There was little left of Raqqa by the time the Syrian Democratic Forces (SDF) officially announced the city had been taken from the Islamic State of Iraq and the Levant group (ISIL) last week.
It was a huge symbolic victory and deprived the armed group of a de facto capital once central to everything from its propaganda videos to the planning of attacks abroad.
SDF fighters celebrated accordingly, as did their backers in Washington, who supplied them with weapons, vehicles and formidable military support. But the triumph was fleeting, the fight against ISIL (also known as ISIS) continues, and the SDF will have a new role in Syria’s intractable war.
The US-led anti-ISIL coalition pounded Raqqa as the SDF closed in, launching some 4,570 missiles, shells and bombs at a shrinking patch of territory held by the group in September alone.
The UN estimates that 300,000 residents had fled since April and thousands more were trapped in the city as the fighting raged. Monitoring groups report that around 1,800 civilians were killed.
The city is now nearly deserted and buildings still standing among the rubble are scarred, blackened and riddled with ISIL mines and booby-trapped explosives.
A spokesperson for the coalition’s public affairs office described dealing with this deadly legacy as “the number one challenge” in the city.
“SDF forces continue to play an important role in Raqqa by clearing devices left behind by ISIL terrorists with the intent to kill and maim indiscriminately,” the spokesperson told Al Jazeera.
But the SDF is unlikely to be a long-term presence in the city. As a Kurdish-led, largely secular force, some residents met its deployment to predominantly Sunni Arab areas with suspicion. Instead, the Raqqa Civilian Council (RCC), a group of Sunni leaders formed in April with American support, is set to take control.
It is the RCC that will be responsible for basic steps towards making the town habitable again, such as securing clean water and clearing the streets.
Rebuilding will cost billions, and it is unclear where that money will come from. Without it, however, the RCC is unlikely to be able to make major strides, says Lina Khatib, director of Chatham House’s Middle East and North Africa programme.
“The US is grooming the Raqqa Council to play a role in post-ISIS governance, but the Council does not yet have enough capacity to do so or funding for reconstruction,” she told Al Jazeera.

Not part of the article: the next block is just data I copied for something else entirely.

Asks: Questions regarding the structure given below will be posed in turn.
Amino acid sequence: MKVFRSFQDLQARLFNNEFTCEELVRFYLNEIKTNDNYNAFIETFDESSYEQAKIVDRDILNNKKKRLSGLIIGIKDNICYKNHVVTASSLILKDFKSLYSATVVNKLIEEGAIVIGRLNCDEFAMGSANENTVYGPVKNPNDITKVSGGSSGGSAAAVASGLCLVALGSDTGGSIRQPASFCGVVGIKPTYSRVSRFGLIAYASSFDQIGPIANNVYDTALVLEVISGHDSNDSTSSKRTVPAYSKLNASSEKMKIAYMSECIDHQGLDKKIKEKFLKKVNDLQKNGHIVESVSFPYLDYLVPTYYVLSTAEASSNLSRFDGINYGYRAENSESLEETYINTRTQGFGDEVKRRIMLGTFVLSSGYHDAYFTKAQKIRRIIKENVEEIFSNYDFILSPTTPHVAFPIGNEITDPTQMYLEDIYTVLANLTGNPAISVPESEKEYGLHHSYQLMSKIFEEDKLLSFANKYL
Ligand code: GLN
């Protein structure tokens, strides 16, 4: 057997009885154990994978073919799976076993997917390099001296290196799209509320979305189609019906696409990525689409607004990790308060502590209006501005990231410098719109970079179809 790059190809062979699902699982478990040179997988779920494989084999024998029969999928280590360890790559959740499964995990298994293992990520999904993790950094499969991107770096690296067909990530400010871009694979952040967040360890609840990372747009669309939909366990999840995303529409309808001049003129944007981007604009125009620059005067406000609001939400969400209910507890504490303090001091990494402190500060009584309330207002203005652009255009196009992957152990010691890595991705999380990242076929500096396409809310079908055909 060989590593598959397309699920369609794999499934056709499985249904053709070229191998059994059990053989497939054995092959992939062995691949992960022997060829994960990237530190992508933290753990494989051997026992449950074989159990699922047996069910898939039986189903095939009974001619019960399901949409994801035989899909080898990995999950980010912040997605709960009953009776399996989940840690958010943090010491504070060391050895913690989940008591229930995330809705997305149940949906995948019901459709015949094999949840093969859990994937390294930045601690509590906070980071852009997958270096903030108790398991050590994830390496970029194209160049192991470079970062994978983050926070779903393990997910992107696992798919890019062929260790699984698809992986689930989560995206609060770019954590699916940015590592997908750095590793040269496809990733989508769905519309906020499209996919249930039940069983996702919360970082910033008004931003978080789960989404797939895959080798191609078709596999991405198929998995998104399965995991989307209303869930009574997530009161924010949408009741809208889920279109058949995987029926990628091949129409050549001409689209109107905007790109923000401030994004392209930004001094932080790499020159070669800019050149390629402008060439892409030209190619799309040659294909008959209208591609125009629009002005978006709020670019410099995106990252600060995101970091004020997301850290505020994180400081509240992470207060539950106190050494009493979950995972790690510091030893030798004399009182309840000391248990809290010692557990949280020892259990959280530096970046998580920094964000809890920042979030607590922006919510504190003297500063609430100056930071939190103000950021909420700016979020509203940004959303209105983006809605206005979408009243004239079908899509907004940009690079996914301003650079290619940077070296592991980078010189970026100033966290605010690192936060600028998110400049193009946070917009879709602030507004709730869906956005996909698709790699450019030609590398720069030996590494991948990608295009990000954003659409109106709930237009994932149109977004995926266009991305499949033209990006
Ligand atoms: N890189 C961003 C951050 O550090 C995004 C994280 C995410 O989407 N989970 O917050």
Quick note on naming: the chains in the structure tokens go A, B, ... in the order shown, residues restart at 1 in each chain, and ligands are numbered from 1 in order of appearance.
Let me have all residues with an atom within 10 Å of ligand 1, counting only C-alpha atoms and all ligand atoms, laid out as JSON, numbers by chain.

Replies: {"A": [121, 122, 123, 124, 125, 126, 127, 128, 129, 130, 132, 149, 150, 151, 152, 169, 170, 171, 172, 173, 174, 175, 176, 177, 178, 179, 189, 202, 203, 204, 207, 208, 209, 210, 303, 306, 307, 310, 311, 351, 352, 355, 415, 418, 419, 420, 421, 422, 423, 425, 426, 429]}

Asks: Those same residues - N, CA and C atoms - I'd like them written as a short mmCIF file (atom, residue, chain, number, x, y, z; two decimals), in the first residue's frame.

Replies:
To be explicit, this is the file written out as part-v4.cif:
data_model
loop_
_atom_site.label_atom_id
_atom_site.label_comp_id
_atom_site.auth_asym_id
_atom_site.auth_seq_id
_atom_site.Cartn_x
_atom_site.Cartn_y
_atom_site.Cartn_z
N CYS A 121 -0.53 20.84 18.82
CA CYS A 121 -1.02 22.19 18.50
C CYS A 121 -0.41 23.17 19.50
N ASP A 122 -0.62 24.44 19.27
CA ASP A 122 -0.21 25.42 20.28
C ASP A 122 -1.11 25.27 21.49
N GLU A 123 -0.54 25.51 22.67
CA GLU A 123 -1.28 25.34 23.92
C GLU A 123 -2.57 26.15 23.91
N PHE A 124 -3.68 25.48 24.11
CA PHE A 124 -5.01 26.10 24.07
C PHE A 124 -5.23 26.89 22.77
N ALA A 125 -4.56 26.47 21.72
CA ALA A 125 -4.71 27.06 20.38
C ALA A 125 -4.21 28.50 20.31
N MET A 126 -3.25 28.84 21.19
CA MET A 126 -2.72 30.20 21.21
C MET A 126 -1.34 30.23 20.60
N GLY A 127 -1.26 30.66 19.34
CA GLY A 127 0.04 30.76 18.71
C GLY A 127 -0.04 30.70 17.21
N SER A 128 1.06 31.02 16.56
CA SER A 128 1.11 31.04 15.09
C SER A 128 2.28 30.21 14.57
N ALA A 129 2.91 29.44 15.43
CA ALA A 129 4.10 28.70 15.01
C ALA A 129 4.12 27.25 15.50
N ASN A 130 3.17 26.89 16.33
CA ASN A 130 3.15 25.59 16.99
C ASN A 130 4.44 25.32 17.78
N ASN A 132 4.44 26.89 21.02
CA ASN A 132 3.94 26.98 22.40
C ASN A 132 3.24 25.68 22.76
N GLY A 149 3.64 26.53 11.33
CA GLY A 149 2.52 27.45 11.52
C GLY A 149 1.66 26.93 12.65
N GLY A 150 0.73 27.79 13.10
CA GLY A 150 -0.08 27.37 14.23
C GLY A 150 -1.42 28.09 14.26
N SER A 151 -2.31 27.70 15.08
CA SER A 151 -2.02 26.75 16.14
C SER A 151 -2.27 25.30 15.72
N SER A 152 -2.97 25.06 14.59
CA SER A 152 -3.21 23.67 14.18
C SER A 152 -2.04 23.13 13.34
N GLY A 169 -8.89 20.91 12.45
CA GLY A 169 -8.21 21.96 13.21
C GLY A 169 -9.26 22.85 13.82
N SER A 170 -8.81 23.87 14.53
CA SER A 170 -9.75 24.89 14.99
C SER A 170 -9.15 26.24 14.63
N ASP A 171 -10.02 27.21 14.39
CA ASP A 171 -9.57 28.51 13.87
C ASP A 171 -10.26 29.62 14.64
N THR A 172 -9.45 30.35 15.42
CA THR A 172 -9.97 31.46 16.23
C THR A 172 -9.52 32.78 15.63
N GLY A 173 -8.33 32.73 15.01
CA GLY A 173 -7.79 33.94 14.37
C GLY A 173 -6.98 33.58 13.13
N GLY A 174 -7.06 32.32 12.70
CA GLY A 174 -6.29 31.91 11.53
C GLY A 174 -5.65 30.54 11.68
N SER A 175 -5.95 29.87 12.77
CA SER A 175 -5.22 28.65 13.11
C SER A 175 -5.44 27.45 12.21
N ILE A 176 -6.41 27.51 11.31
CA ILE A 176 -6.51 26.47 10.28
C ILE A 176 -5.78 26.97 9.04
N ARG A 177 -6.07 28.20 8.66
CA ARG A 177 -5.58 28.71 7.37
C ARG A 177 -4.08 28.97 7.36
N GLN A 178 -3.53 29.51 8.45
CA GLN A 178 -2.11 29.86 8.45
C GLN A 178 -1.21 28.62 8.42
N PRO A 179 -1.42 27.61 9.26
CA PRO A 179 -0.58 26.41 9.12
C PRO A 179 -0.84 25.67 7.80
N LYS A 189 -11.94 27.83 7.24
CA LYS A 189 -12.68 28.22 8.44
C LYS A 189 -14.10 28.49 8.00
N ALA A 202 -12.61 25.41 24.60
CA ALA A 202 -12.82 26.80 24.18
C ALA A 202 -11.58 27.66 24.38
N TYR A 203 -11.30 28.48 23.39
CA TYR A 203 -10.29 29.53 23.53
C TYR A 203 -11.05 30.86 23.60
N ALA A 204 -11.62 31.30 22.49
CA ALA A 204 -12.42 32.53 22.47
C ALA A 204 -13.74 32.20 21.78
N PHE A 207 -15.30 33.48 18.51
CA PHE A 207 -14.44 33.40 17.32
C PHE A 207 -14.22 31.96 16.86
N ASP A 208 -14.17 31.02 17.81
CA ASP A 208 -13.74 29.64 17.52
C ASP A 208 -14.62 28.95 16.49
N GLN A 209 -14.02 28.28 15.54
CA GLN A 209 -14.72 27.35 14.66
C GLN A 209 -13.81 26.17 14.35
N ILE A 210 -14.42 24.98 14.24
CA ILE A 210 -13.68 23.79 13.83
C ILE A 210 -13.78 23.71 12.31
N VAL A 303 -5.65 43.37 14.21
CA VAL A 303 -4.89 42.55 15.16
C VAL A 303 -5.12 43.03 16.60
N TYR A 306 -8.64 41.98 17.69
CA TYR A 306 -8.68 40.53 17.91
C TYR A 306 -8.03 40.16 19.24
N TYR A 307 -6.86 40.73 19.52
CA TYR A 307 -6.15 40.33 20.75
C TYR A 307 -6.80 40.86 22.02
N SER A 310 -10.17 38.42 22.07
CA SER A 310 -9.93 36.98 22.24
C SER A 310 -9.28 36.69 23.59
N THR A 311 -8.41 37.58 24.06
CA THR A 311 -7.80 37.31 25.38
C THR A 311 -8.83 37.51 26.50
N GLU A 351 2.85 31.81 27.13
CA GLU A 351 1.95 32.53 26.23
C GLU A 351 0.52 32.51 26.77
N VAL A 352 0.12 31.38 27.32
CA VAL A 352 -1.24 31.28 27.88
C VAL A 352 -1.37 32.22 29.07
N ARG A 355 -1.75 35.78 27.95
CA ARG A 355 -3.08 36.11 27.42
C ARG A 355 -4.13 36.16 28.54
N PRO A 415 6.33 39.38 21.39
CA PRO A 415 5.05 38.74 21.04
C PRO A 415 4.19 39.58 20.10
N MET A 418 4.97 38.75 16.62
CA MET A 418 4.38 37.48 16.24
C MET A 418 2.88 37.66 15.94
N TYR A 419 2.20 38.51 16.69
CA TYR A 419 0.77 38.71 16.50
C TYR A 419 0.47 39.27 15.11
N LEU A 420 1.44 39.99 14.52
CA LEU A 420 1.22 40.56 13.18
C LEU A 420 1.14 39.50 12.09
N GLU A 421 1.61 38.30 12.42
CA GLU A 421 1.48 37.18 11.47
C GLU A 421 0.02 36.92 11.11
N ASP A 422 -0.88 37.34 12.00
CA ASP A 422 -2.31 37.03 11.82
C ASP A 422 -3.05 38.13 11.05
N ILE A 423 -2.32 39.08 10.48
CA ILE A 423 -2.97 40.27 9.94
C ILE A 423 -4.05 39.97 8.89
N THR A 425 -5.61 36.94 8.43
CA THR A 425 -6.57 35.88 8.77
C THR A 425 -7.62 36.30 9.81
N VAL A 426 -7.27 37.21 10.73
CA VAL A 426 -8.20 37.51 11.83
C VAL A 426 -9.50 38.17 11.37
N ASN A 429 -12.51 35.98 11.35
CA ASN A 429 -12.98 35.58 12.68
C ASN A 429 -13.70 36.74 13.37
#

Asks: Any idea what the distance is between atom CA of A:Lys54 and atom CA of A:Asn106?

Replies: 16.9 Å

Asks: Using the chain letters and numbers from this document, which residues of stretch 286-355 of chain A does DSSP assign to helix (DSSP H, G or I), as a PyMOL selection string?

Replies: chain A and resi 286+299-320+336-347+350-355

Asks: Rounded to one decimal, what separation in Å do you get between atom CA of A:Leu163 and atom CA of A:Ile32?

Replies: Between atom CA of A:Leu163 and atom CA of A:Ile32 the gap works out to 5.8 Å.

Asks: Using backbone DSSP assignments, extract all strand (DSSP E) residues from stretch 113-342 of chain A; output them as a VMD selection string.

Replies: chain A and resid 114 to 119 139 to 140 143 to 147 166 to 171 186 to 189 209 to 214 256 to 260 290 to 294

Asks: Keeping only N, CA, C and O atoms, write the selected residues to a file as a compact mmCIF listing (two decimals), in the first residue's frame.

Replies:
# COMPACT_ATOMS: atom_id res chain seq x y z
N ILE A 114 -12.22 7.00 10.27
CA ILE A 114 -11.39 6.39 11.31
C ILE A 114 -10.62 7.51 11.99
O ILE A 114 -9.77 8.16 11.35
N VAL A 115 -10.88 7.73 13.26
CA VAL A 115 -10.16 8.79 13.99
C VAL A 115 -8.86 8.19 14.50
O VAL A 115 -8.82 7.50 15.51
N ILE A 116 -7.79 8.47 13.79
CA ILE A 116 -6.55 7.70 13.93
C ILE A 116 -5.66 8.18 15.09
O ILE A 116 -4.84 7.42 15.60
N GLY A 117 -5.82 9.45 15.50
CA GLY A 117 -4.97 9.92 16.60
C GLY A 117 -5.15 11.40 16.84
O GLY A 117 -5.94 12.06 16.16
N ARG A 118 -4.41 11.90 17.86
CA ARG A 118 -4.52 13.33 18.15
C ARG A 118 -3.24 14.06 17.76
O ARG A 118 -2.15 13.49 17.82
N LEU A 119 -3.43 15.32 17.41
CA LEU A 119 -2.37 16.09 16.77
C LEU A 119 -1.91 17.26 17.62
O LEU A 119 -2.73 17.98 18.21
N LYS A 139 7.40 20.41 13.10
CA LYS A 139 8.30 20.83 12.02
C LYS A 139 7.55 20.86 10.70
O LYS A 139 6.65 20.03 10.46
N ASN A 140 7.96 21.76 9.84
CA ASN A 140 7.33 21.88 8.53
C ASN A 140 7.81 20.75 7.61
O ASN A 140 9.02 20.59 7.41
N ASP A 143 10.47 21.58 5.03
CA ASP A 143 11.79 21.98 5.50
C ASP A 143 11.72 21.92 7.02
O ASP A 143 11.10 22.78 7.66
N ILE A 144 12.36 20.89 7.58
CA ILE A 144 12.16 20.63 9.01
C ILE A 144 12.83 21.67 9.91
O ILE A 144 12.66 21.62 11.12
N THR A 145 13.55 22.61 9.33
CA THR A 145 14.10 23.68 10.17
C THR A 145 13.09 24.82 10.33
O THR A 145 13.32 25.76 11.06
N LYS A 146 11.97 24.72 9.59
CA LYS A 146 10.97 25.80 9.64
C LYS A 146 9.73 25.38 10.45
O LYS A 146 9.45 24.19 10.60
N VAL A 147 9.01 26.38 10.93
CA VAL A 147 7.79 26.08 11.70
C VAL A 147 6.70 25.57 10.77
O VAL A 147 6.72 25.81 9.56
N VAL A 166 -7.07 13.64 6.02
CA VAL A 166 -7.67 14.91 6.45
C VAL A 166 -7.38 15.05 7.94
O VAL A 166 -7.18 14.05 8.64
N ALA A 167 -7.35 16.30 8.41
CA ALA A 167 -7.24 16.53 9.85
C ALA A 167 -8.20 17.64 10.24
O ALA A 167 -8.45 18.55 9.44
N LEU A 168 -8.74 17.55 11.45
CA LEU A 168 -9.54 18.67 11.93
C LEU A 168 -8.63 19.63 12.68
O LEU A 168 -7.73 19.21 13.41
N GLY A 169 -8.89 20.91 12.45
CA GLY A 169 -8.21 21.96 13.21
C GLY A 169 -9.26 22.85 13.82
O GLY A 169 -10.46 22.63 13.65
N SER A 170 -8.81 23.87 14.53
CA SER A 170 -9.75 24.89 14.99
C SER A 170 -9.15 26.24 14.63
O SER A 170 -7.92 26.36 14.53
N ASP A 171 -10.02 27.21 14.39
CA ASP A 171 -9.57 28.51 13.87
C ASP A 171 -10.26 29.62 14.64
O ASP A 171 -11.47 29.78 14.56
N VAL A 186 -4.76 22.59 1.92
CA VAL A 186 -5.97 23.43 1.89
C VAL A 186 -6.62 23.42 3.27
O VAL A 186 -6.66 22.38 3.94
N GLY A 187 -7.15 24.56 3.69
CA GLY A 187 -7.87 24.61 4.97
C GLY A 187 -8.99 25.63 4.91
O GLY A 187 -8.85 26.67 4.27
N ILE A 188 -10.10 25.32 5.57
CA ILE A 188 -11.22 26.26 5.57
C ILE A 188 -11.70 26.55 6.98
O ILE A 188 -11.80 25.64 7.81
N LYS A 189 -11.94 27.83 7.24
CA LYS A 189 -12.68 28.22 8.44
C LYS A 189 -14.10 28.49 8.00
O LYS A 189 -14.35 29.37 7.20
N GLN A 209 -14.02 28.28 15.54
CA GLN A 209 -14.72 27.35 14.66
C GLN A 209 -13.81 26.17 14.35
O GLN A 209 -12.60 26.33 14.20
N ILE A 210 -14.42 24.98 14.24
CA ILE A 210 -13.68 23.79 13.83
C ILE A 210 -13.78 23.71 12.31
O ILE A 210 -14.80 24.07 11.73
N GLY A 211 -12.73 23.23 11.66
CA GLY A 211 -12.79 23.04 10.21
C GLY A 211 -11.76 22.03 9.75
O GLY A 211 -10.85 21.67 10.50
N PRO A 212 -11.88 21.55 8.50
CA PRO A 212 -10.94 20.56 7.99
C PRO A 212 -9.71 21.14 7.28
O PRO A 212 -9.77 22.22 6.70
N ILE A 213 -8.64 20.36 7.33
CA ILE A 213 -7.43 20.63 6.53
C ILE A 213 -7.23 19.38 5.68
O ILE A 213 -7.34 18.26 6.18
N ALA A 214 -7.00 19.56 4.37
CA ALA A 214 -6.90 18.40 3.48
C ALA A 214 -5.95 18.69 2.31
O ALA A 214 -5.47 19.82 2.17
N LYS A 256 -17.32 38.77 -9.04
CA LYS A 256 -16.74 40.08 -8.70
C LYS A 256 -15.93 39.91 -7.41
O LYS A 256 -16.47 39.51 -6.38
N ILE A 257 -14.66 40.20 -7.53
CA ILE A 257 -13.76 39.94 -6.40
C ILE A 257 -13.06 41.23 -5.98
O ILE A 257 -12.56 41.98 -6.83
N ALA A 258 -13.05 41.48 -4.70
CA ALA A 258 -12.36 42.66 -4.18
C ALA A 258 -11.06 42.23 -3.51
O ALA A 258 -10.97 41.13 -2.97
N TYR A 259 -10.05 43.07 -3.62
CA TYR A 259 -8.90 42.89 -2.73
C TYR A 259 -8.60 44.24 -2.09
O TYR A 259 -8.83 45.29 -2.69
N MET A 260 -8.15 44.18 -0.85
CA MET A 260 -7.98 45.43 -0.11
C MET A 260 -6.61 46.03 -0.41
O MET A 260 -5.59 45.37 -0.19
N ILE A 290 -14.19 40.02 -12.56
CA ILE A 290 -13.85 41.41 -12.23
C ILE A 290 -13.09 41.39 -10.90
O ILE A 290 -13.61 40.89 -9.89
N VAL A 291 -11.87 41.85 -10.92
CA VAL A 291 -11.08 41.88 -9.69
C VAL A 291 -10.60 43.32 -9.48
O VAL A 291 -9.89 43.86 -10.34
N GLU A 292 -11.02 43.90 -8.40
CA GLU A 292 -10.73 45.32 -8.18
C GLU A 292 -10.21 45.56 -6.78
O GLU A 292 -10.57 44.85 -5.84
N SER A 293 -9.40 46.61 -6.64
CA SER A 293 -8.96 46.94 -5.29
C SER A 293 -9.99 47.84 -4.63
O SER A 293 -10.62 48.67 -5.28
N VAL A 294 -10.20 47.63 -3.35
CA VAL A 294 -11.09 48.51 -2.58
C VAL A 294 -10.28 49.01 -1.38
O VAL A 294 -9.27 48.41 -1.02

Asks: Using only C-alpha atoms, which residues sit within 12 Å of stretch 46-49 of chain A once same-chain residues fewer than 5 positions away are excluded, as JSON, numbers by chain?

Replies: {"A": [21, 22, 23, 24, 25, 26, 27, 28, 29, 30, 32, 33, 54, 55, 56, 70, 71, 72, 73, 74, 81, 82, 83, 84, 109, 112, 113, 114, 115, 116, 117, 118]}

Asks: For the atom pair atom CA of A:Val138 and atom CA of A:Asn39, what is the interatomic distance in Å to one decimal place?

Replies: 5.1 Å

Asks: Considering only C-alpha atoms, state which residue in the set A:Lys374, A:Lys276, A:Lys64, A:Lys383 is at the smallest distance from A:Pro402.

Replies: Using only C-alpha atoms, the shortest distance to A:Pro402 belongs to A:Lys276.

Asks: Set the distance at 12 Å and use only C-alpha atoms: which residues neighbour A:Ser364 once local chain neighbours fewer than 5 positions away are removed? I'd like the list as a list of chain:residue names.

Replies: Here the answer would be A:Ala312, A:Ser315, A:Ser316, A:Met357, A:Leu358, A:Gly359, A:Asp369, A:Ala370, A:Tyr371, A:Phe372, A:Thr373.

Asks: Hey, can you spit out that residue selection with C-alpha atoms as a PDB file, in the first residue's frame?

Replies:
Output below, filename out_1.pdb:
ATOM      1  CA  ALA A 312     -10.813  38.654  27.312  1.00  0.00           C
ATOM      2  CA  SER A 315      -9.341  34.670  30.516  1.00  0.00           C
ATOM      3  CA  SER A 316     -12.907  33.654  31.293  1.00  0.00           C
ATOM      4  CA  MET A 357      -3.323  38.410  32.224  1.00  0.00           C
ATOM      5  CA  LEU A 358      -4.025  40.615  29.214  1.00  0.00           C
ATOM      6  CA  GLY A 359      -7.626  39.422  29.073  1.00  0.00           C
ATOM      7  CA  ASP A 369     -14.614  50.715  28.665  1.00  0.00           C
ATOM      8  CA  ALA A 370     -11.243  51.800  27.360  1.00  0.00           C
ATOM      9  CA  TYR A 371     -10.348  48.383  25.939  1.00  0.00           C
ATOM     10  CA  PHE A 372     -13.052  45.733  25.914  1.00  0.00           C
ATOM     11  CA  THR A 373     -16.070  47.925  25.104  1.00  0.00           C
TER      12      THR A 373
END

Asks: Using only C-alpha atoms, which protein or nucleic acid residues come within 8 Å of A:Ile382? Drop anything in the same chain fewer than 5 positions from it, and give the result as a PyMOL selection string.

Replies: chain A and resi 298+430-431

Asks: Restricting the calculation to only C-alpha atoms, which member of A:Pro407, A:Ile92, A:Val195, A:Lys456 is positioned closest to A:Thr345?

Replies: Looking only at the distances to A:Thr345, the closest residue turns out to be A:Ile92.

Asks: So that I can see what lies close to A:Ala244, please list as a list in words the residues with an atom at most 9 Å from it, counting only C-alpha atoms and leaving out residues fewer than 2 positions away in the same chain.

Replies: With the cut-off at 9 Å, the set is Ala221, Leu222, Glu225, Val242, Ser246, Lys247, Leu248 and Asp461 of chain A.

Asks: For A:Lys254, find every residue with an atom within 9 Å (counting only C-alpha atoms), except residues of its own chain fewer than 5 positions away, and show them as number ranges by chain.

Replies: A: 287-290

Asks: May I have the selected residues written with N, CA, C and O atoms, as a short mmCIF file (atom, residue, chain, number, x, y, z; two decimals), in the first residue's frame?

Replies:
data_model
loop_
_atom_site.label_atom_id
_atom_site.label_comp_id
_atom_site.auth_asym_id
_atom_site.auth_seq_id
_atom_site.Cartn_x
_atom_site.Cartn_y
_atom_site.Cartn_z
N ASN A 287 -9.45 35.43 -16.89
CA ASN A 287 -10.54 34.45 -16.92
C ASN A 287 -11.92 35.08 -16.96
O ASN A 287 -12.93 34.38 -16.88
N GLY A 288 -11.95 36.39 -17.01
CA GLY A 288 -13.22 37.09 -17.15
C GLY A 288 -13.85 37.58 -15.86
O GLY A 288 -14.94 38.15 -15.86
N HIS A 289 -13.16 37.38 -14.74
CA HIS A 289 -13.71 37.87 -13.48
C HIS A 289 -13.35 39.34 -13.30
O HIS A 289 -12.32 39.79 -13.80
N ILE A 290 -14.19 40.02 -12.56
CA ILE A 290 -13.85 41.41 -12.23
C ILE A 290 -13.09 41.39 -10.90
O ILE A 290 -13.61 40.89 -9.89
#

“The Raqqa Council requires significantly more support in order to meet both the needs and expectations of Raqqa residents.”
Race for the oil fields
Even as they continue to clear Raqqa, the SDF and its American allies are already involved in more anti-ISIL operations. The immediate priority is oil-rich Deir Az Zor province, where Syrian government forces, backed by Russia and Iran, are also battling the group.
These two sides are now racing to take strategic ground. The SDF is progressing rapidly in northern and eastern regions of the province and this week took control of Omar oil field, Syria’s largest.
Government troops were also advancing on the field and being beaten to it will undoubtedly have angered Syrian President Bashar al-Assad. For now, though, the SDF are happy. “Everything is going according to our plan,” SDF spokesman Mustafa Bali told Al Jazeera.
The SDF and government troops have largely avoided contact so far, confining themselves to different sides of the Euphrates and adhering to deconfliction lines also observed by their supporting American and Russian airpower.
Both Moscow and Washington have already accused each other of firing on their proxies, however.
Meanwhile, Assad has vowed to retake the whole of Syria from rebel groups, which would seemingly include the semi-autonomous Kurdish region.
As these rival forces squeeze ISIL from two sides, the chances of direct contact and subsequent clashes increase.
The US’ recent Syria policy has tended to prioritise the fight against ISIL, and this remains its short-term goal, the coalition spokesperson said.
“[The Coalition] is focused on defeating ISIS in designated areas of Iraq and Syria thereby setting the conditions for follow-on operations to increase regional stability. We are making steady, measurable progress to that end.
“We will continue to enable the SDF by advising and assisting their leadership, by providing intelligence, surveillance and reconnaissance support and through precision air and ground fires against military targets.”
But critics suggest that the ISIL focus ignores more complex regional dynamics and could result in empowering rivals such as Iran.
The US has yet to outline a post-ISIL military strategy and remains unclear on what it considers an acceptable outcome for the areas in which it currently operates.
Trump launched a cruise missile attack against a Syrian airfield in response to Assad’s use of chemical weapons, but the US has softened calls for regime change.
If the US rapidly ramps down operations after defeating ISIL, the SDF will be unlikely to hold ground against government troops backed by Russian air power.
Kurdish fears of US abandonment are unlikely to be fulfilled for now, according to Christopher Meserole, a fellow at the Center for Middle East Policy at the Brookings Institution, because the US is likely to want a source of influence to counter Moscow, Tehran and Damascus as well as group’s such as the local al-Qaeda affiliate.
“The US has flaked out on the Kurds in the past, so it’s understandable that they’re worried about US withdrawal in Syria now,” Meserole told Al Jazeera.
“But in this case, the US won’t be going anywhere for a while. Once ISIL is defeated, the US will need proxy forces on the ground to push back against both Assad and Russia.”